We sometimes encounter molecules and ions in which the experimentally determined arrangement of atoms is not adequately described by a single dominant Lewis structure. Consider ozone, O3, which is a bent molecule with two equal O—O bond lengths (FIGURE 8.12). Because each oxygen atom contributes 6 valence electrons, the ozone molecule has 18 valence electrons. This means the Lewis structure must have one O—O single bond and one O═O double bond to attain an octet about each atom:

However, this single structure cannot by itself be dominant because it requires that one O—O bond be different from the other, contrary to the observed structure—we would expect the O═O double bond to be shorter than the O—O single bond. (Section 8.3) In drawing the Lewis structure, however, we could just as easily have put the O═O bond on the left:


What feature of this structure suggests that the two outer O atoms are in some way equivalent to each other?

FIGURE 8.12 Molecular structure of ozone.


Is the electron density consistent with equal weights for the two resonance structures for O3? Explain.

FIGURE 8.13 Resonance. Describing a molecule as a blend of different resonance structures is similar to describing a paint color as a blend of primary colors. (a) Green paint is a blend of blue and yellow. We cannot describe green as a single primary color. (b) The ozone molecule is a blend of two resonance structures. We cannot describe the ozone molecule in terms of a single Lewis structure.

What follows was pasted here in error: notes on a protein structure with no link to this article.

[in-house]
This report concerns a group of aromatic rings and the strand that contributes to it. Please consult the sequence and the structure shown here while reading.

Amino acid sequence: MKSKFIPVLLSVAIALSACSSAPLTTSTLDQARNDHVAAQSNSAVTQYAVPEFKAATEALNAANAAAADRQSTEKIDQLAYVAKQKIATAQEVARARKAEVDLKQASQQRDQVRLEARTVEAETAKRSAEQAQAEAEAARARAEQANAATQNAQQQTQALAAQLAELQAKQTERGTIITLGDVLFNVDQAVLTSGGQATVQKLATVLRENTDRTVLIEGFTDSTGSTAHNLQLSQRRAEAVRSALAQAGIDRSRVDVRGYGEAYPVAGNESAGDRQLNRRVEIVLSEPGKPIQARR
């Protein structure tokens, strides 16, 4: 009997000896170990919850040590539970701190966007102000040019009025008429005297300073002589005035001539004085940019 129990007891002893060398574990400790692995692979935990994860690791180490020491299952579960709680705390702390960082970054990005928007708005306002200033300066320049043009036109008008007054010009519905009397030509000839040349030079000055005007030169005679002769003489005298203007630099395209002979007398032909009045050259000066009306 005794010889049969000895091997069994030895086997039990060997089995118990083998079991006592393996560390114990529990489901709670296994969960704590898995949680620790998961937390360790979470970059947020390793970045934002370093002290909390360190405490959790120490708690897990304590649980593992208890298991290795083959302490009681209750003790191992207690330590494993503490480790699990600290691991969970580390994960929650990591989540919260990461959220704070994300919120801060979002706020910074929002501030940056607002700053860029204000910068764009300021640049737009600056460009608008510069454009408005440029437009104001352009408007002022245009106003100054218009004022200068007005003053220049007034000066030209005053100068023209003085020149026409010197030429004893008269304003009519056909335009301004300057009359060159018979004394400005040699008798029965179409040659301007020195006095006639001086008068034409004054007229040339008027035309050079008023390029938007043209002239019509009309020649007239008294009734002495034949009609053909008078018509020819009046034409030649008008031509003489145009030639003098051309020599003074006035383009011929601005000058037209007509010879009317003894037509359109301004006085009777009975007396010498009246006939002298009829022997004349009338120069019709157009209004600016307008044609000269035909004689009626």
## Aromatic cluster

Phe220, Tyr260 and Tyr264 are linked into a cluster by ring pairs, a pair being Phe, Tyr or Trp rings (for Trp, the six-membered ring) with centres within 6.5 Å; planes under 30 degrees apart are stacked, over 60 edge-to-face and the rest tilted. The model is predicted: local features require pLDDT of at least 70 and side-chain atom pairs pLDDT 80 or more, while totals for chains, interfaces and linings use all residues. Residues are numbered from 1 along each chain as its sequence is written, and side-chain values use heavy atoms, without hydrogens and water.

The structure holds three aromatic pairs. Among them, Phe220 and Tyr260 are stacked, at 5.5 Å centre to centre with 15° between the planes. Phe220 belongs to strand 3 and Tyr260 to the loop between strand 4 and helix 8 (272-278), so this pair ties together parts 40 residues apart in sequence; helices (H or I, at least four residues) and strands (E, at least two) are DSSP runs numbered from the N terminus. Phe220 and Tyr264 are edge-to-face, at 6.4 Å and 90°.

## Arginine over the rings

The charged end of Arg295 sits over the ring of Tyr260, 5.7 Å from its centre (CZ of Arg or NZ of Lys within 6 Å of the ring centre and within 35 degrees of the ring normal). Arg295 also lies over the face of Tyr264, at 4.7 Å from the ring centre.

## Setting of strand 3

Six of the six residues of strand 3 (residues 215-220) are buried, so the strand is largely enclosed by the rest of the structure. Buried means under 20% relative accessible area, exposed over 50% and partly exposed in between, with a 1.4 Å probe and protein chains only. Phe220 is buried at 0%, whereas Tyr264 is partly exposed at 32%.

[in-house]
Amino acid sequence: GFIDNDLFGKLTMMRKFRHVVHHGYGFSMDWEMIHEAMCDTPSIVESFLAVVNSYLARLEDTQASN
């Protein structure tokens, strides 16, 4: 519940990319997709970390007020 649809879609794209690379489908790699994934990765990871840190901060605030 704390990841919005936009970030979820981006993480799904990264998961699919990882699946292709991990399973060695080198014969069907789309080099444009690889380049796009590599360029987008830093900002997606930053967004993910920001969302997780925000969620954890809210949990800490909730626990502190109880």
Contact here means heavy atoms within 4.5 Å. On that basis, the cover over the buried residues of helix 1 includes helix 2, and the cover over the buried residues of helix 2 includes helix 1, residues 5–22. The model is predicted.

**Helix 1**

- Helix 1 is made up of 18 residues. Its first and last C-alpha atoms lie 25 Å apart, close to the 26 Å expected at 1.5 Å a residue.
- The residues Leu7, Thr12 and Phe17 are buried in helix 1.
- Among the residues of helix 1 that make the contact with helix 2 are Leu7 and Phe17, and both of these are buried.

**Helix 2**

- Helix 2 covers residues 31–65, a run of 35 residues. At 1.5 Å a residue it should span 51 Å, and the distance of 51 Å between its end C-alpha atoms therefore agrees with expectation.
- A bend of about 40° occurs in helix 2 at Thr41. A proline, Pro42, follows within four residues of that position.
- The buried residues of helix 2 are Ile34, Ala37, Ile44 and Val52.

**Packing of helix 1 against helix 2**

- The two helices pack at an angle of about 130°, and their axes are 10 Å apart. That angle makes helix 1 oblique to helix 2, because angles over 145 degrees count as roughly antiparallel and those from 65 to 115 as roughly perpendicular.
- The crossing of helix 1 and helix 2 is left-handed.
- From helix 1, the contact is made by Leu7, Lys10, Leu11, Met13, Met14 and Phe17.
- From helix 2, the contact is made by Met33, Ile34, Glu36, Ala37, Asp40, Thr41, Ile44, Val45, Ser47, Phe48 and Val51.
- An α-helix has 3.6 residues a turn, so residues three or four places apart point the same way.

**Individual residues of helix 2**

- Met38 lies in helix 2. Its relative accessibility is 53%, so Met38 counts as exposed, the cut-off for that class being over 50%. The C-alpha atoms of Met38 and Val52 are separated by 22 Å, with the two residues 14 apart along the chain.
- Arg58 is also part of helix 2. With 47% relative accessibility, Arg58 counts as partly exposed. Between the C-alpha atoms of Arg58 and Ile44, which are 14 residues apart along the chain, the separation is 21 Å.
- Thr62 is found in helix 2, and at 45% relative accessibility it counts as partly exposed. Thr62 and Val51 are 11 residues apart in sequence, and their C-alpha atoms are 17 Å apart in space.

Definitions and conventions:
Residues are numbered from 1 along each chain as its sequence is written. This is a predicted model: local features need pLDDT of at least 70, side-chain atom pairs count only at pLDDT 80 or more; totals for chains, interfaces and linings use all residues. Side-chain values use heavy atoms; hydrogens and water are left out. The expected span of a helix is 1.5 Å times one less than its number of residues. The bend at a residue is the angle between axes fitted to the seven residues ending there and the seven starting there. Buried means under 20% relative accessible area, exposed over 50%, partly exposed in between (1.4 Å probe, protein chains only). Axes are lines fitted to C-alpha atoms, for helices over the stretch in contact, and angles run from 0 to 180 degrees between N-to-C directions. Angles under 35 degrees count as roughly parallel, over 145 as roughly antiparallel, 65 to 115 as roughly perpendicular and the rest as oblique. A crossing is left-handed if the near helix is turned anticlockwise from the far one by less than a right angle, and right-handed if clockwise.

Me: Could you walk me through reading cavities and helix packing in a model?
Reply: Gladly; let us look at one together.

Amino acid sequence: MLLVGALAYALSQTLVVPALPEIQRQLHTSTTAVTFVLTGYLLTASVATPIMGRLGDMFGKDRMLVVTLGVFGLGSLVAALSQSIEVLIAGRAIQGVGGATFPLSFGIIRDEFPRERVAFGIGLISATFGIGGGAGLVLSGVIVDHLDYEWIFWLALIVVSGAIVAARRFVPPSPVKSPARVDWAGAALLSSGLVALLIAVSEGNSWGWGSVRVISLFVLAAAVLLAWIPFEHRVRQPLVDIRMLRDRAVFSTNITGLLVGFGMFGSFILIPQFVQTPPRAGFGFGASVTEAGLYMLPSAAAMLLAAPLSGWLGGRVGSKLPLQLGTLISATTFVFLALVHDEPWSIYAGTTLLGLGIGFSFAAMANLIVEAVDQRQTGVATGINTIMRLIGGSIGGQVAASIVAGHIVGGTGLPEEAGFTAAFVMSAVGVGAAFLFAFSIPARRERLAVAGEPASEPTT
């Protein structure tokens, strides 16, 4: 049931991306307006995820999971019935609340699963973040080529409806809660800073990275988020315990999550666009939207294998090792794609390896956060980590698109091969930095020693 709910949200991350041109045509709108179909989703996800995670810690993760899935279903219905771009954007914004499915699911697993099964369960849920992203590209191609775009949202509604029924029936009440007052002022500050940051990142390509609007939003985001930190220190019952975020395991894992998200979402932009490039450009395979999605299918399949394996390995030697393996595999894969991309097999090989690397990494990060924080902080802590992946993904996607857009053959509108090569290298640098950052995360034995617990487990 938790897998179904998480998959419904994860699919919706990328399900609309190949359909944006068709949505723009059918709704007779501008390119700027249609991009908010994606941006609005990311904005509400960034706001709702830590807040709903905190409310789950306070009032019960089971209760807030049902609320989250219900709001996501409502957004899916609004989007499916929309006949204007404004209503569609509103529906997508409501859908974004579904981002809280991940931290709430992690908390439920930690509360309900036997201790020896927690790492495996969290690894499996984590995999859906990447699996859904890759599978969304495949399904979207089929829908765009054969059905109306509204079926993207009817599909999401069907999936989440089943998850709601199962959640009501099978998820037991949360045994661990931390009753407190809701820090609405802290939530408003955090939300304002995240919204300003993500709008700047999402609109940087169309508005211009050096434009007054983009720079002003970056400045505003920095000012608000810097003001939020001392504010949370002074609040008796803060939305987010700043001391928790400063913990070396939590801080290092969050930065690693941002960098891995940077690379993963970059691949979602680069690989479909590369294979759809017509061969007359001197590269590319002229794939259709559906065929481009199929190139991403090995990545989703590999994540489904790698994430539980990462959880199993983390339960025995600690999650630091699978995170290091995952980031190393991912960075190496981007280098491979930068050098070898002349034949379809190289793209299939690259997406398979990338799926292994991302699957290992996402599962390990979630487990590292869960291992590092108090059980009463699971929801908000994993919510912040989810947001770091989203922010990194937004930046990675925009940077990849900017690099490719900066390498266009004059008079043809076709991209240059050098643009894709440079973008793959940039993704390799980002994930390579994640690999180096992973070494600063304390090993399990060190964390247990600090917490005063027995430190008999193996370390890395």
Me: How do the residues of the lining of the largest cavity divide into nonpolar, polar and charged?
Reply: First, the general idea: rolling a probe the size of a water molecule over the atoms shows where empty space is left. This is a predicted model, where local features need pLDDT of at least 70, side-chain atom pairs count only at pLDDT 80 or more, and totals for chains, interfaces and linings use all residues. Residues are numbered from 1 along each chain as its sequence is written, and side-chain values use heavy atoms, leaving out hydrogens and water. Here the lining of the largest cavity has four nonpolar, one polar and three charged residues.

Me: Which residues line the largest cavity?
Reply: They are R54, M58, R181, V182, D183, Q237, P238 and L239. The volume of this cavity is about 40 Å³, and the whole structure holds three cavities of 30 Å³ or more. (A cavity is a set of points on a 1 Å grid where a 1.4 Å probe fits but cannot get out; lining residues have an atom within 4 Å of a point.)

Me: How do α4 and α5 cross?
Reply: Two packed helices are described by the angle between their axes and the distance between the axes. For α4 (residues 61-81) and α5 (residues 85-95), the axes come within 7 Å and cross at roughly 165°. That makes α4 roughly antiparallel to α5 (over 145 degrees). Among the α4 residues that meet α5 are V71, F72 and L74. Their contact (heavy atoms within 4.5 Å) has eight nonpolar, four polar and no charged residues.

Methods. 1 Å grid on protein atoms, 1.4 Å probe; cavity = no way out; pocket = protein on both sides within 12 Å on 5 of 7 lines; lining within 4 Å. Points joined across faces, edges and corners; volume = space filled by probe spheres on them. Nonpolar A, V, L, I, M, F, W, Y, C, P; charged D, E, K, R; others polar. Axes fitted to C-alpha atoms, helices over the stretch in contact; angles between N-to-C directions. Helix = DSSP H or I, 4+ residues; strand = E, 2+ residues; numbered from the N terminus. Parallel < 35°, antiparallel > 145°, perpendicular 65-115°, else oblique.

There is no reason for one of these Lewis structures to be dominant because they are equally valid representations of the molecule. The placement of the atoms in these two alternative but completely equivalent Lewis structures is the same, but the placement of the electrons is different. Lewis structures of this sort are called resonance structures. To describe the structure of ozone properly, we write both resonance structures and use a double-headed arrow to indicate that the real molecule is described by an average of the two:

To understand why certain molecules require more than one resonance structure, we can draw an analogy to mixing paint (FIGURE 8.13). Blue and yellow are both primary colors of paint pigment. An equal blend of blue and yellow pigments produces green pigment. We cannot describe green paint in terms of a single primary color, yet it still has its own identity. Green paint does not oscillate between its two primary colors: It is not blue part of the time and yellow the rest of the time. Similarly, molecules such as ozone cannot be described as oscillating between the two individual Lewis structures shown previously—there are two equivalent dominant Lewis structures that contribute equally to the actual structure of the molecule.